Saturday, September 27, 2008

Sasidharan (1950)

ENTERTAINER Kottarakara Sreedharan Nair and S. P. Pillai from the film

The early period of Indian cinema saw several successful musical plays turned into films. This happened in the South also. Very successful Tamil films like ‘Dumbachari’ (1935), ‘Menaka’, ‘Pathi Bhakti’, ‘Chandrakantha’ (1936) etc. were celluloid versions of successful stage plays of the same title.

‘Sashidharan’ produced by Swami Narayanan, was the first Malayalam play to be adapted to the screen. This was the exact filmy version of the popular play ‘Sashidharan B.A.’ or ‘Premavaichithryam’ authored by N. P.Chellappan Nair. This social drama, rich in music, was staged by prominent drama troupes. The famous stage actors Vaikom Vasudevan Nair and Thankam Vasudsevan Nair immortalised the songs and sequences of this play.

However, the film was not as successful as the play. Perhaps the memories of the play had not faded out and naturally comparisons were made. This film paved way for the entry for many artists of which with Aranmula Ponnamma being the most prominent of them. Interestingly, Aranmulla Ponnamma, the archetypal ‘good’ mother began her career in this film emoting a negative role. She made an impact as a greedy mother.

Sashidharan (P. K.Vikraman Nair), the graduate son of the landlord Panikker (Thumpamon Padmanabhan Kutty) falls in love with Vilasini (Miss Kumari), the daughter of a poor widow Kalyani Amma (Aranmula Ponnamma). A crooked local newspaper editor (N. P. Chellappan Naiar) and the lecherous city wastrel Rajasekharan (Kottarakara) form a tricky plot turning Panikker against his sons wish to marry Vilasini. Sashidharan’s firm resolve forces Panikker to expel his son from the house. Kalyani Amma rejects Sashidharan’s proposal and he s forced to take to the street.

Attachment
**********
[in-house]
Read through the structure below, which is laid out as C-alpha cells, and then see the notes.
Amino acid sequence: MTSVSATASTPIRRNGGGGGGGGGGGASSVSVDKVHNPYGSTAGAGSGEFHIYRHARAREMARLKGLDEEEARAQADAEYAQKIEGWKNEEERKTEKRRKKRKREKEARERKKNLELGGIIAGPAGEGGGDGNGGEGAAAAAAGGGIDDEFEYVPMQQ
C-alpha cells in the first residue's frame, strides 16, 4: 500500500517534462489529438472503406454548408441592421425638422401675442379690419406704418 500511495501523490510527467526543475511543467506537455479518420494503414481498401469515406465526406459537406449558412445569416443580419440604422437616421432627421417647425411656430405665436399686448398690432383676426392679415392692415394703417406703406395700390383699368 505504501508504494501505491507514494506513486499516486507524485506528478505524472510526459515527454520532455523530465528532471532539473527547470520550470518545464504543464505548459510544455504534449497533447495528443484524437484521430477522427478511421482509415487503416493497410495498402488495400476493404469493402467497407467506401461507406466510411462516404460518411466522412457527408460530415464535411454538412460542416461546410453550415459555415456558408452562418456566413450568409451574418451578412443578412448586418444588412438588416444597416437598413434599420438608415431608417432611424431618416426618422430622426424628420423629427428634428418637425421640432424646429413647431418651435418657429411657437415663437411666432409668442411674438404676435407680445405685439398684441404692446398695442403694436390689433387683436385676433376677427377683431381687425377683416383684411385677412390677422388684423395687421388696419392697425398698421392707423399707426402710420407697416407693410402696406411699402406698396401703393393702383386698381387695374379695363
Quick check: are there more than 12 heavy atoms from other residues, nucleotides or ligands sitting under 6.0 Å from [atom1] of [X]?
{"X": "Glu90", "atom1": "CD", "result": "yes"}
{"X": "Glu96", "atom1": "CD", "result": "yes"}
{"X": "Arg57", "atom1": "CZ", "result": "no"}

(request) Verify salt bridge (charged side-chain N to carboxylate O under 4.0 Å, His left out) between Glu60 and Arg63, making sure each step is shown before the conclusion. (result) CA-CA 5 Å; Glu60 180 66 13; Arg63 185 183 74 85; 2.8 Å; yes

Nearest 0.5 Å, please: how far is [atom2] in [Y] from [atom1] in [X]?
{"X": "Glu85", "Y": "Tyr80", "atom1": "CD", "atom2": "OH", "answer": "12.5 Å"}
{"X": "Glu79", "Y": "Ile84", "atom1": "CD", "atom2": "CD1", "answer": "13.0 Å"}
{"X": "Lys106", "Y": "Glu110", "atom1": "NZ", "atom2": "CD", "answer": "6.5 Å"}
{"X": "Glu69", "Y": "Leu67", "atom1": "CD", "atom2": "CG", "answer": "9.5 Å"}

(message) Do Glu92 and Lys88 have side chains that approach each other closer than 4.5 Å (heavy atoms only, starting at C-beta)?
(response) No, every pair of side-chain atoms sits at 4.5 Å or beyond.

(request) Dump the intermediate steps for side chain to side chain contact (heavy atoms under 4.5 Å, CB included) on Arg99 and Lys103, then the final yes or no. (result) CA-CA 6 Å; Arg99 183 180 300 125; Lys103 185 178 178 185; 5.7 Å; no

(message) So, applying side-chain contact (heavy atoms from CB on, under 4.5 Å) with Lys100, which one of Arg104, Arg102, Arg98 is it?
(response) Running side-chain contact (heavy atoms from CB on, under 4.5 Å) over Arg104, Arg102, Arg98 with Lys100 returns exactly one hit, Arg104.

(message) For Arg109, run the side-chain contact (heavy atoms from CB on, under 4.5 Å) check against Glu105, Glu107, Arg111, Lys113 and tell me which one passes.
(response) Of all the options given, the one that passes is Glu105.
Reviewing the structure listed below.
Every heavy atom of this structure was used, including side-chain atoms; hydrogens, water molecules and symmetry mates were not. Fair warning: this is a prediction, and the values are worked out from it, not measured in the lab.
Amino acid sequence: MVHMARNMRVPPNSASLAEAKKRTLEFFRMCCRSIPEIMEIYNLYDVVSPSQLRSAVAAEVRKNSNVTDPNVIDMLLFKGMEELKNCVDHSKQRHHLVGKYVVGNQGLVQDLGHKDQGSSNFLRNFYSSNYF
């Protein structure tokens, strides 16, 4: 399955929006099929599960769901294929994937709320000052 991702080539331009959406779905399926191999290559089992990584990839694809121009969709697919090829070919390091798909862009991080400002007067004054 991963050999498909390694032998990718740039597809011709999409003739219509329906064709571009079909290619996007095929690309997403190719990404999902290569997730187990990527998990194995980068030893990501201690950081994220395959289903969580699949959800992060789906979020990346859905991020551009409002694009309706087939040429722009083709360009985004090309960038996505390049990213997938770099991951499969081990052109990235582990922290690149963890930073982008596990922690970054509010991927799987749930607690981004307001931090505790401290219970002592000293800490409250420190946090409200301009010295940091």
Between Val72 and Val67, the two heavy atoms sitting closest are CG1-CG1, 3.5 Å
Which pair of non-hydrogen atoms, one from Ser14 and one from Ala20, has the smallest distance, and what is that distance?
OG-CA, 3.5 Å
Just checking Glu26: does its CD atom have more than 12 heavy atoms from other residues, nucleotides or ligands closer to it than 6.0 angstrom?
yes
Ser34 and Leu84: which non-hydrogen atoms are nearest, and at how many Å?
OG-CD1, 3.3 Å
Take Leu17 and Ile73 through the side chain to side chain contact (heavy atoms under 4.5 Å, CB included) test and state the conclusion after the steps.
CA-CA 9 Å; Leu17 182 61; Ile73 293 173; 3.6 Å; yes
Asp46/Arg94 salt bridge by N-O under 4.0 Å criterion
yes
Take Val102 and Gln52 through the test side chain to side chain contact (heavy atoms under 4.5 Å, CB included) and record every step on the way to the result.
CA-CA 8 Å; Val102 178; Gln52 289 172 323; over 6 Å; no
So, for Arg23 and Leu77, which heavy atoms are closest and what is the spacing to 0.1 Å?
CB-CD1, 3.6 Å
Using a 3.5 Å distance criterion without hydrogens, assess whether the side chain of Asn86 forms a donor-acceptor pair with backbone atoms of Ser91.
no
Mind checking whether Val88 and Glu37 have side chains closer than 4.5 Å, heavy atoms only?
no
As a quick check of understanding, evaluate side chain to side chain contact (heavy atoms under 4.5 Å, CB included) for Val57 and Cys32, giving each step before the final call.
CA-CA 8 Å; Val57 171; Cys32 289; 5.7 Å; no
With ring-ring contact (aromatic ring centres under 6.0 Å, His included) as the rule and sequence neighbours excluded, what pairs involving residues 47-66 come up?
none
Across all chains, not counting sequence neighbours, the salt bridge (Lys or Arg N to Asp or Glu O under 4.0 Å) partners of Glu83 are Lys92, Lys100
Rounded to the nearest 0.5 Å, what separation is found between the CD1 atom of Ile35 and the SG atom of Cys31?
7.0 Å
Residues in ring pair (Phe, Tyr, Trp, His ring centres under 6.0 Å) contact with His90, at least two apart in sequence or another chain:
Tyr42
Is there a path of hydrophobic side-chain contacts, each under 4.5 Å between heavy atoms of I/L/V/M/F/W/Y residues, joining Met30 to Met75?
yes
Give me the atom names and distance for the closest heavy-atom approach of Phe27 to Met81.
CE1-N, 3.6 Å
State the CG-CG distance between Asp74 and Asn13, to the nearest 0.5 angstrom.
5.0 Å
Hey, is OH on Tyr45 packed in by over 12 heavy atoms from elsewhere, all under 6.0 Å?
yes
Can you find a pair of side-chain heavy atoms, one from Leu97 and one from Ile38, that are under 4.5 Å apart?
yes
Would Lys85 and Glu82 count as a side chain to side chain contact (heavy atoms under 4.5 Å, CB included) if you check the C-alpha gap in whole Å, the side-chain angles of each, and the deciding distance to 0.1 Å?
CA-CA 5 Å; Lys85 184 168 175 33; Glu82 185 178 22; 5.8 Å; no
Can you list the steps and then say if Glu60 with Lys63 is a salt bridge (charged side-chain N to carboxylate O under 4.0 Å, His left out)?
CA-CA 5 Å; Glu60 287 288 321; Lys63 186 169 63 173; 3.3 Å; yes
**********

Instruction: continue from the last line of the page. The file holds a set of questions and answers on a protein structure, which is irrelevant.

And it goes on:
He seeks employment in Malaya with the help of his friend Madhu (Vaikom Mani). Here Sashidharan rises as the leader of the labourers and gains power and fame. Indubala, the daughter of a rich estate owner, takes a liking for him.

Sashidharan returns home after a few years. Here he is shocked to find that Vilasini is married to Rajasekharan. The false news of his Sashidharan’s death in Malaya was actually the handiwork of Rajasekharan with the help of the newspaper editor and Vilasini’s mother.

Sashidharan learns that the money he had sent from Malaya had been taken away by Rajasekharan. Vilasini’s marrriage is miserable.

One night Vilasini manages to meet Sashidharan. Rajasekharan, who gains wind of this, shoots down Vilasini. Sashidharan is arrested on the false charge of murdering his former love. In the meanwhile, Indubala, whose father dies, comes in search of Sashidharan. She helps in clearing the charges against him. The villains are arrested and Sashidharan marries Indubala.

The film had all the ingredients of an entertainer. It had a love story, high melodrama, comedy, fights and 14 songs.

Most of the songs were imitations of Hindi tunes. The song ‘Neeyen chandraney, njaan nin chandrika…’ (Vaikom Mani-Kaviyoor Revamma) was an exact lift of the Naushad hit ‘Too mere chand, mein teri chandni…’ from the Hindi film ‘Dillagi.’ Though the lyrics and tune were imitations of the Hindi songs this duet became an all-time hit. Two other songs, a comedy number by Kalinga Rao and Mohan Kumari, ‘Kanney naanam kollathey...’ and a solo by Revamma, ‘Anandamey, anandamey...’ also became popular.

Will be remembered: As the first Malayalam film adaptation of a popular stage play. Also as the debut film of music director P. Kalinga Rao, first Malayalam film of director T. Janakiram, Aranmula Ponnamma, S. P. Pillai, N. P. Chellappan Nair, Kaviyoor Revamma, P. Mohankumari, and lyricist Thumpamon Padmanabhankutty.

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